Strategies for Recycling Education, introduced by Terry Laibach, Section Supervisor at the New York State Department of Environmental Conservation, featured Beth Gringold, Founder of the Recycler Leaders, who spoke about what the Washington, DC area students were learning about plastics. Education was being done via a Reduce First challenge, where students learned through civic action that single-use plastics are bad (emphasizing that there is a big disconnect between civics and engineering since single-use plastics are good in some capabilities). She talked about how students need to think about recycling in a more complex way – they need to learn how to ask the right questions and go through hands-on experiences. Gringold also stressed the importance of schools needing feedback and partnerships with Subject Matter Experts; programs should also engage custodians and cleaning staff, inviting them to learn from the programs and experience a tour through local facilities. She also suggested partnering with a high school student to be a recycling coordinator at their school, promoting both hands-on-experiences and direct job skills training. Rachel Bookman, Senior Communications Outreach Manager for ISRI, was also featured in the session, covering the association’s initiative goals and the science of recycling in the classroom (through partnerships, curriculum, video and poster contents, and community outreach). Some of the education activities through ISRI include Scrap Maps, Champions of Recycling, Scrap Titans (board game introducing the economics behind scrap recycling) and others. Currently, the programs have engaged 4,000 teachers and nearly half a million students around the U.S.IMG_6689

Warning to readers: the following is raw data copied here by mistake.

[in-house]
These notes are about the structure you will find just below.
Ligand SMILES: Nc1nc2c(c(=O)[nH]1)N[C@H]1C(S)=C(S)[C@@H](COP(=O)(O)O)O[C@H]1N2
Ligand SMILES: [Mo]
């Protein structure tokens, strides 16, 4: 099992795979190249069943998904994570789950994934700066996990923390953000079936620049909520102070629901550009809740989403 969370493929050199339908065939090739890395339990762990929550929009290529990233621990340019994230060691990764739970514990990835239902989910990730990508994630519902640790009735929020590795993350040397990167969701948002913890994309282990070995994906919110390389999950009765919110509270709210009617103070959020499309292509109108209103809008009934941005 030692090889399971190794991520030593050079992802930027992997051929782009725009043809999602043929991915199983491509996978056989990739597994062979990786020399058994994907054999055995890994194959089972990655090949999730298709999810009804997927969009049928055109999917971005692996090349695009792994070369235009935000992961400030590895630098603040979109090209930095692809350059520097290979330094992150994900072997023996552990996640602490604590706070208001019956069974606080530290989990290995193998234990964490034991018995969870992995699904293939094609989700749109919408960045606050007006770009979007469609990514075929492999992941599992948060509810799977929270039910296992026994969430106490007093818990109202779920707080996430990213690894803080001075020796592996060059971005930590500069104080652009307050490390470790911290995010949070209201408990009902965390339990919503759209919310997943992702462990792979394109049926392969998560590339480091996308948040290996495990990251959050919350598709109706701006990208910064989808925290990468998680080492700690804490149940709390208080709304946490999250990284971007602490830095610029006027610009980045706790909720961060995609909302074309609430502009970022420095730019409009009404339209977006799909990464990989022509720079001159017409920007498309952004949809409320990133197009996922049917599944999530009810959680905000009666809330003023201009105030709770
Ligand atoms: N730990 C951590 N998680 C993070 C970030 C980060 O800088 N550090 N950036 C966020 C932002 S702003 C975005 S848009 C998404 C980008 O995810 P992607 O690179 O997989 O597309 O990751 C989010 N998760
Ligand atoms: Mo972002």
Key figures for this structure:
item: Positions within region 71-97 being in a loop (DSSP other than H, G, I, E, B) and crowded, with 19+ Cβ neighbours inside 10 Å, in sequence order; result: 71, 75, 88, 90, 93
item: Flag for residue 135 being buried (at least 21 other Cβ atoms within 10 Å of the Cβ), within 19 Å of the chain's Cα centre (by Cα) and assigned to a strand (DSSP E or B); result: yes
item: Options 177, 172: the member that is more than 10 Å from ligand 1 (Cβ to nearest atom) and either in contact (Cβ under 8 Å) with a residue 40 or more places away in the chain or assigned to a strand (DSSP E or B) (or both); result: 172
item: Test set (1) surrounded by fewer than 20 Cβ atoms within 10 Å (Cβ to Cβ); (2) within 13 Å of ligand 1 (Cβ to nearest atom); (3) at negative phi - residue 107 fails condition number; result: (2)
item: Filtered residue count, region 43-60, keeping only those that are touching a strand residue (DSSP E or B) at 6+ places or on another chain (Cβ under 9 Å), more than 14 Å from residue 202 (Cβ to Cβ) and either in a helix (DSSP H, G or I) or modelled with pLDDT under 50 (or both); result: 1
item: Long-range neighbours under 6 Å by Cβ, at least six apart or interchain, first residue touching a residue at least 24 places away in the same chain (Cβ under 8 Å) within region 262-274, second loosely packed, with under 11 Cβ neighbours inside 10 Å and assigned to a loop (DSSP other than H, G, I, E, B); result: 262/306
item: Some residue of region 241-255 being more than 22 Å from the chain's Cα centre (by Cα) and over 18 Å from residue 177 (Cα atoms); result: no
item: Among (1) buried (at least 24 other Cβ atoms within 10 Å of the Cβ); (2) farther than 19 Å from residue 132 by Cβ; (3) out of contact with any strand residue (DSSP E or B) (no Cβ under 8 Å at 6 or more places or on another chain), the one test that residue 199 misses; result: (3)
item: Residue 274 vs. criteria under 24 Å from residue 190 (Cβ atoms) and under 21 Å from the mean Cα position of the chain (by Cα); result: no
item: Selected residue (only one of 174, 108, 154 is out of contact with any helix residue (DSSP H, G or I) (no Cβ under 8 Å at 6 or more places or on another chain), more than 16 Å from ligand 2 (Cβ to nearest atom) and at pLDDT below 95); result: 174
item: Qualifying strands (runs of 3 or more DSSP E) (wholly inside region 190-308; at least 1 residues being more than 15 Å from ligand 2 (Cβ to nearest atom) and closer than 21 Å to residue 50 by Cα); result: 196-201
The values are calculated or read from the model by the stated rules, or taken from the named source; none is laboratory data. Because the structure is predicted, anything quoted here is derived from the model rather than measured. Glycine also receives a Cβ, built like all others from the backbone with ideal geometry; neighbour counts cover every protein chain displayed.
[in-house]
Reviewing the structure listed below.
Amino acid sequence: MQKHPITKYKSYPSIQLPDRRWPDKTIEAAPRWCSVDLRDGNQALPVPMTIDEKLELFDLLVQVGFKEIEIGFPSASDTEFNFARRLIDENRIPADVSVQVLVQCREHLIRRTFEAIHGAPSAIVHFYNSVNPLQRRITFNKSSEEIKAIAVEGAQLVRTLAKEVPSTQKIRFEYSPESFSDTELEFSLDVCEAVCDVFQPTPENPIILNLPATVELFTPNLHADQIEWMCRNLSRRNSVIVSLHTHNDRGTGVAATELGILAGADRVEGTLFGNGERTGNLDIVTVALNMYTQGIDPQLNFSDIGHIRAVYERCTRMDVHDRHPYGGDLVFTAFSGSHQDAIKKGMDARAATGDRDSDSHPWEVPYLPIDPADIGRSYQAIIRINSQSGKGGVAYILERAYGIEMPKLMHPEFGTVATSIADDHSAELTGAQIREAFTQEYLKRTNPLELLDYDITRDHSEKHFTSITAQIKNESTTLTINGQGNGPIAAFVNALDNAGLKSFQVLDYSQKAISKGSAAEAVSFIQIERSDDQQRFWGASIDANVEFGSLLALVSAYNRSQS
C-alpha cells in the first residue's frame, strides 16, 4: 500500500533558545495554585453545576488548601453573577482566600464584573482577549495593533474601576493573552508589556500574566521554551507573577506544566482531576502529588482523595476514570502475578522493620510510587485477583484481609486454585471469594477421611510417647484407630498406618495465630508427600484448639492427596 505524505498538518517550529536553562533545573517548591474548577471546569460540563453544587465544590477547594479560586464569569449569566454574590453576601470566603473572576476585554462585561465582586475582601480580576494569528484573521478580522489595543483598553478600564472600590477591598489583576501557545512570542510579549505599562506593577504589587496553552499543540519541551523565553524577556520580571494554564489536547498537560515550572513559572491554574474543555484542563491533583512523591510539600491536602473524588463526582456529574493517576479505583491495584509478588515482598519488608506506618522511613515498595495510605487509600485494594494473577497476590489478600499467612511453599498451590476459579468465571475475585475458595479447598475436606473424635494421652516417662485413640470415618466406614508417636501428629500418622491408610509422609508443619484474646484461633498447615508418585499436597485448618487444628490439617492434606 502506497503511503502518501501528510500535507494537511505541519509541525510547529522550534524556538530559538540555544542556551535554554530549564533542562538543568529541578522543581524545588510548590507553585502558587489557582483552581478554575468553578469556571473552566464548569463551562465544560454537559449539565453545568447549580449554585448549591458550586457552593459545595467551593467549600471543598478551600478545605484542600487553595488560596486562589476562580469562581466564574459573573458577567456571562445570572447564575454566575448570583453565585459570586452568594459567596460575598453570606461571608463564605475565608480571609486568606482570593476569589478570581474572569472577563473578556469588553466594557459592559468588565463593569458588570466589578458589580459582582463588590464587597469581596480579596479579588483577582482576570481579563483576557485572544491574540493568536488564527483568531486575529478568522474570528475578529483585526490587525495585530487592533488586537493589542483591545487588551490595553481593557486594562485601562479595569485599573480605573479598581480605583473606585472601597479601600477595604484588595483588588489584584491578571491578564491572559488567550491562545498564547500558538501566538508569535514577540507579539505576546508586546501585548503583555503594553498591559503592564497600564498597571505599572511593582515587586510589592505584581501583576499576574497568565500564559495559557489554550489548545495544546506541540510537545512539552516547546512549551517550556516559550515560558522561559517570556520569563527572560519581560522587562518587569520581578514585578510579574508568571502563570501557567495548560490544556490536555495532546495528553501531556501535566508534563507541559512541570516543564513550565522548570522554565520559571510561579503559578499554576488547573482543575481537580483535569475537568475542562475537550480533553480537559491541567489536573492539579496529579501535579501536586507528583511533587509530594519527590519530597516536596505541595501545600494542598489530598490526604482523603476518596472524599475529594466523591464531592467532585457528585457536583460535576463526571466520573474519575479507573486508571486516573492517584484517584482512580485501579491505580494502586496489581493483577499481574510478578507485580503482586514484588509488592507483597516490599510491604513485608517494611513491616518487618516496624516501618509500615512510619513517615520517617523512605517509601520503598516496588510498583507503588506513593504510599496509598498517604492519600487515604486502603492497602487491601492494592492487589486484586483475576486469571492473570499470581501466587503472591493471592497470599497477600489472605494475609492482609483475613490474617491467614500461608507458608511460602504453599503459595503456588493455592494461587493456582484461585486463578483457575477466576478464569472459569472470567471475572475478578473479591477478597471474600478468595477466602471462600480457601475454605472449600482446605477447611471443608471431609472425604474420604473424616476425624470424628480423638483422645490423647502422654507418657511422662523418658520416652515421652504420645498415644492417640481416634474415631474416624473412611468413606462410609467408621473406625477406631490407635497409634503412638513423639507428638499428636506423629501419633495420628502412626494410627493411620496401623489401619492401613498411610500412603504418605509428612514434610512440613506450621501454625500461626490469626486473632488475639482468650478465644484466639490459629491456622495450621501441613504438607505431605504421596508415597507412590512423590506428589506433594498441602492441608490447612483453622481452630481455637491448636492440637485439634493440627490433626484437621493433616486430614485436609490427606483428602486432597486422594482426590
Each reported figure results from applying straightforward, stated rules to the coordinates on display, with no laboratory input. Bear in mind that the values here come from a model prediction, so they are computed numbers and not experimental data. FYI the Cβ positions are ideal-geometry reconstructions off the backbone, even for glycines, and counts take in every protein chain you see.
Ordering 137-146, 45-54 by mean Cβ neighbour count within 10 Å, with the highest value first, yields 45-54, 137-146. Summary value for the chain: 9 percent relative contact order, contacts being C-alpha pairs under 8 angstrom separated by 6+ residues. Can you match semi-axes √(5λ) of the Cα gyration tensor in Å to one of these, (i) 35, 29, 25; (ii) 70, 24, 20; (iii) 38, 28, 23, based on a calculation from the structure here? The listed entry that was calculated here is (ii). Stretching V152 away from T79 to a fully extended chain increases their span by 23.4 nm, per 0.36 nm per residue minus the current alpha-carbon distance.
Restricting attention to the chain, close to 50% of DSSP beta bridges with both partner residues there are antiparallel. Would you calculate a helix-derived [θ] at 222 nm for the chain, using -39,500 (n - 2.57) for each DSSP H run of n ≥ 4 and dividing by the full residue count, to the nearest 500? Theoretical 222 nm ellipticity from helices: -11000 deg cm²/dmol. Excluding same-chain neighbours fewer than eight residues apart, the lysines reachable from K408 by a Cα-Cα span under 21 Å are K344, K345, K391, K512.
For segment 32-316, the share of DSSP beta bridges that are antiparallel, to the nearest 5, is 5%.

Christin Cassidy, Recycling Manager for Dart Container Corp. introduced the next session, Toxics in Packaging, which featured speaker, John Gilkeson, Chair of the Toxics in Packaging Clearinghouse (TPCH) and Principal Planner for the Minnesota Pollution Control Agency. He went through the history of packaging and discussed the goals of TPCH. It consists of state and industry association members, maintains/updates laws, coordinates implementation of states for consistency, and screens projects and publications. He went through the packaging test that they performed over the last two years and the results from plastic bags, goods bought overseas, and certain types of wine bottles. Gilkeson also covered the Maine Legislation that amended the Toxics Packaging Law in 2019, which prohibits the sale of food packaging with added PFAS chemicals. Currently, state members are testing and evaluating new chemicals.